We first arrived at Pompeii.
To tour an entire town would take you a couple of days one would think and we had a couple of hours. We picked out what we wanted to see, nevertheless we got lost. You see, it is very much a city. It has street names, a town center, the market, residential quarters differentiating the haves and have-nots, and not one but two theatres, not to mention the main amphitheatre. Pompeii must have been a metro of its day.

What people probably find fascinating is the decorations in some of the rich houses. They had these mosiac patterns on the walls, on the ceilings and even on the floor. Some had enamel paintings which are largely lost but you can still make out the structure of the painting. Many of the houses of the rich also had nicely maintained gardens with pathways and sculptures well preserved. A brothel is also a popular spot, for the well-preserved paintings. The market square is so impressive with its large pillars and it is also here where they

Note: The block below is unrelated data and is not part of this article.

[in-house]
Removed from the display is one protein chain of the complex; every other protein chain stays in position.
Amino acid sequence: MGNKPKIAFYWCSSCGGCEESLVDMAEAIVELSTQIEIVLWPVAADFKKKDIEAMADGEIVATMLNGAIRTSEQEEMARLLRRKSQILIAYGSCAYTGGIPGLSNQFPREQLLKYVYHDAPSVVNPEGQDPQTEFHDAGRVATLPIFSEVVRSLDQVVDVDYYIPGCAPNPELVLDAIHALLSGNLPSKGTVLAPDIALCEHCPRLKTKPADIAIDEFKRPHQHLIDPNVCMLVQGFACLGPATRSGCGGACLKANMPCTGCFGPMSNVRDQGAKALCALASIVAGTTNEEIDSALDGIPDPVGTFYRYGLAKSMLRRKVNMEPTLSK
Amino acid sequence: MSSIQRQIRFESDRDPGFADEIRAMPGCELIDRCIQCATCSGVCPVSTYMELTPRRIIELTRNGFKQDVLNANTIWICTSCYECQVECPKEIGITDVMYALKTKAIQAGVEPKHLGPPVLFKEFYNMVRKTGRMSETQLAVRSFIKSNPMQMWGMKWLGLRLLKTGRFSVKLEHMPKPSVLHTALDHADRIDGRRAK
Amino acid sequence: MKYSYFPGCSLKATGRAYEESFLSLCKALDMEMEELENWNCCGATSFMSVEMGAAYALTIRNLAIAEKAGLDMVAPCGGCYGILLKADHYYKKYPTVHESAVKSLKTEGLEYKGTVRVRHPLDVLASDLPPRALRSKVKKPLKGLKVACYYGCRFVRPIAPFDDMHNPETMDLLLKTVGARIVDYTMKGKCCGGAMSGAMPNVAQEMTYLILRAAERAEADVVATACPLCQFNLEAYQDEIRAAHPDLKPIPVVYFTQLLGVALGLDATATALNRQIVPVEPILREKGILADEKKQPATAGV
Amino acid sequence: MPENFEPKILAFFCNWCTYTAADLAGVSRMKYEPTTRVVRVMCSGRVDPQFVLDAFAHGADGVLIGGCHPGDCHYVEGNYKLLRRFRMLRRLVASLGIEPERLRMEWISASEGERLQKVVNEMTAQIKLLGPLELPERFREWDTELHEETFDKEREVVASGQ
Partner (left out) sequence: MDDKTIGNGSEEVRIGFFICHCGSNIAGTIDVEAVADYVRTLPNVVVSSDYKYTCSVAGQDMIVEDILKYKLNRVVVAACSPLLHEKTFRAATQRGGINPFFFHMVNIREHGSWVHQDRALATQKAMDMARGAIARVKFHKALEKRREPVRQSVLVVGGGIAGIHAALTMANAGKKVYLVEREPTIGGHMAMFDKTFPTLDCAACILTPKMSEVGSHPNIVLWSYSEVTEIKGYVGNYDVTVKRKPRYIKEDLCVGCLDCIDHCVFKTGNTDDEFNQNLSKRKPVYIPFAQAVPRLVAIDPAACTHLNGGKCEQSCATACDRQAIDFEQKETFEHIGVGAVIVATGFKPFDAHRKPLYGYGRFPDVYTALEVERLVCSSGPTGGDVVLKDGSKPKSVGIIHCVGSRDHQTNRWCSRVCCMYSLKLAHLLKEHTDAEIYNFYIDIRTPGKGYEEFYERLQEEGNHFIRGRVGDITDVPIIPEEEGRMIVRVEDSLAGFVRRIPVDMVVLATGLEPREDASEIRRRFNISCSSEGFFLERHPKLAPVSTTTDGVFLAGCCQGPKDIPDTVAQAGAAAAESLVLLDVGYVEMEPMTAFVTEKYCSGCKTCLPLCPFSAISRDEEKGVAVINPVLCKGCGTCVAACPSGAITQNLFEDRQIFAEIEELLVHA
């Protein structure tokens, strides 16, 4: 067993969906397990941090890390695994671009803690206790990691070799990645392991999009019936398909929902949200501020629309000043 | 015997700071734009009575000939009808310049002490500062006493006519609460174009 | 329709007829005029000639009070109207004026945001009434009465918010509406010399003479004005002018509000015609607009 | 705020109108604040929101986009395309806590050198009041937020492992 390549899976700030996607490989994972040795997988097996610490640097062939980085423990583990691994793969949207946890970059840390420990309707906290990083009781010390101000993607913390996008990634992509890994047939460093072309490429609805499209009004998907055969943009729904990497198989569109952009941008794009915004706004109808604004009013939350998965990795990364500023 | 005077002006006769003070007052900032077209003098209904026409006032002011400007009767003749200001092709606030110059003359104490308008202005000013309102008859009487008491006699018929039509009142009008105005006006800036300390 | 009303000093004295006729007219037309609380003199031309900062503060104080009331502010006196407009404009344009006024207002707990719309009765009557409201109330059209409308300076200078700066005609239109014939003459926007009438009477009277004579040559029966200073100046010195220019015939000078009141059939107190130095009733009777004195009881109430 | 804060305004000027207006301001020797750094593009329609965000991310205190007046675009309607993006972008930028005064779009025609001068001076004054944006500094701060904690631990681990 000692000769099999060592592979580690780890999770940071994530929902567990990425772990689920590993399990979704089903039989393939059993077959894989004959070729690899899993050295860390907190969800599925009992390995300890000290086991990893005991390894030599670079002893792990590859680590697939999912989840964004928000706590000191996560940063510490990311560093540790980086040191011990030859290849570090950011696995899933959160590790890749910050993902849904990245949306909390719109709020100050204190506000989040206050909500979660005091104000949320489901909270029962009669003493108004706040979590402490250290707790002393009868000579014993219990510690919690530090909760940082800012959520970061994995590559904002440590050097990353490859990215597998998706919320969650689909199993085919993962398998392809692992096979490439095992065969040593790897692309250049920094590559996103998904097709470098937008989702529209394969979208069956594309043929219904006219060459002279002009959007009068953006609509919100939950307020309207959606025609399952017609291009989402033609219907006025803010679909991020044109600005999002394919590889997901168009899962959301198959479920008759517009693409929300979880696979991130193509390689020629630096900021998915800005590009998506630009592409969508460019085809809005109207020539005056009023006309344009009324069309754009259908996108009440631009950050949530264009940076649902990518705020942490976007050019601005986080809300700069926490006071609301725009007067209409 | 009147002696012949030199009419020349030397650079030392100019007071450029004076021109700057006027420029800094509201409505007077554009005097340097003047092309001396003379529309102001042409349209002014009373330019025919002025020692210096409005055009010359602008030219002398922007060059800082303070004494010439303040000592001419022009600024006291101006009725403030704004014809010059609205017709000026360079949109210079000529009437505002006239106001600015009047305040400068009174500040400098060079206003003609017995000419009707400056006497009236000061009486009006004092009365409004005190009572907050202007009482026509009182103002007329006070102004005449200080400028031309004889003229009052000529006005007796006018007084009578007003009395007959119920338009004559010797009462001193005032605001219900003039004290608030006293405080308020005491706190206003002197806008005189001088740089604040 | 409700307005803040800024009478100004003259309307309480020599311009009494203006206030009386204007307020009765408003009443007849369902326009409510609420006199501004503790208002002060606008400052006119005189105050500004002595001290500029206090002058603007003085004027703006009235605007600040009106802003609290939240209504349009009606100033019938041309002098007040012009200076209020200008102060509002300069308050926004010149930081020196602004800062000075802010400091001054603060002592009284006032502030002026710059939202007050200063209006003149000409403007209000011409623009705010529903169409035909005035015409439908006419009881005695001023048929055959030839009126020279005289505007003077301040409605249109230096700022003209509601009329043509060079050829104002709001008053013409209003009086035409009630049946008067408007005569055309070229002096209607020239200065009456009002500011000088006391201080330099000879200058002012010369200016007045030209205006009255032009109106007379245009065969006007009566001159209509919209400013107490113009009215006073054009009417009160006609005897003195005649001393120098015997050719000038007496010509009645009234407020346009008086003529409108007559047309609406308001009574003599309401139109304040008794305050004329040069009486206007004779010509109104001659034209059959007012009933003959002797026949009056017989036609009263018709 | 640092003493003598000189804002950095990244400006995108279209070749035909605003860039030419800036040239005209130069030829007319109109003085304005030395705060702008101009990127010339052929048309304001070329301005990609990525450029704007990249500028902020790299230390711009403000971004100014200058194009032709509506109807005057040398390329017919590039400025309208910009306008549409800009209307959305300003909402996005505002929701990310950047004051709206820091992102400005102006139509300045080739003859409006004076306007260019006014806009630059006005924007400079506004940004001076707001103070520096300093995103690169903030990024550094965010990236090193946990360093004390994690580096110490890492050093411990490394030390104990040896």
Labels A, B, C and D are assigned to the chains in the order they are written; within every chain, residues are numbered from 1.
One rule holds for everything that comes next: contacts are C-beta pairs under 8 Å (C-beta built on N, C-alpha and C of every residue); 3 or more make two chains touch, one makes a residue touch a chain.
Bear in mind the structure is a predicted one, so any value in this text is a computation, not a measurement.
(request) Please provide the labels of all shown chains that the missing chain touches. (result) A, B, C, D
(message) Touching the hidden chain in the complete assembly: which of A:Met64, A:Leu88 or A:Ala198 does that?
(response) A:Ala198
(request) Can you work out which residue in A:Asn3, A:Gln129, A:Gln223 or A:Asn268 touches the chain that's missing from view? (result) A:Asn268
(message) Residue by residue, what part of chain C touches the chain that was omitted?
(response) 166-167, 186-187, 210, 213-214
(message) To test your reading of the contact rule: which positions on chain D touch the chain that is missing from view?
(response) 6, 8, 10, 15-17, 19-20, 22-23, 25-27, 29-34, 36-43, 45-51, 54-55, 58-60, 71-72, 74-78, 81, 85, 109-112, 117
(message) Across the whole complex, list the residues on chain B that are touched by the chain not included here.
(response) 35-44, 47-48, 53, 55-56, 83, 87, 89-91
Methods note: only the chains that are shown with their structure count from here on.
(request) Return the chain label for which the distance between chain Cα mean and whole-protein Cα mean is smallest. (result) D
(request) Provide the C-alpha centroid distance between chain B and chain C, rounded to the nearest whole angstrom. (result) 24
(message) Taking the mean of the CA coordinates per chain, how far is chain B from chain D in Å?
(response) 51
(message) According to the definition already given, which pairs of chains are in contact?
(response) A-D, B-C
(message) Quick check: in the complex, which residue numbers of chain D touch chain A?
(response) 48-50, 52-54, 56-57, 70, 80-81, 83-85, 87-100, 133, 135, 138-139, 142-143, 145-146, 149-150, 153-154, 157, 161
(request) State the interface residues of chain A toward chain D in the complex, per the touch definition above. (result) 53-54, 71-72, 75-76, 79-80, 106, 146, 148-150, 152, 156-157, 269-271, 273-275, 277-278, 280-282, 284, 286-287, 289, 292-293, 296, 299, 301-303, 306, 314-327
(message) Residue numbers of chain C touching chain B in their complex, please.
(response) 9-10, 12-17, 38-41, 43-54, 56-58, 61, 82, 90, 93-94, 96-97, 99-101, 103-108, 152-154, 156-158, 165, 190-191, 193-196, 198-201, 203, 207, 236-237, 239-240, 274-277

found the remarkably preserved bodies of a dog and a hunched up man, under all the volcanic ash.

What I found most fascinating was the fastfood restaurant on every other street. They have this kitchen area and serving area so fundamentally similar to any fastfood restaurant you can think of. That little Chinese place around corner from my office has the same layout. That tells you that this is the same city as today. Might have had horse carts instead of cars and people had some zebra crossings so they don't set foot on the road, but fundamentally it's the same as today. We live the same way with the same differences between rich and poor and gather around market squares.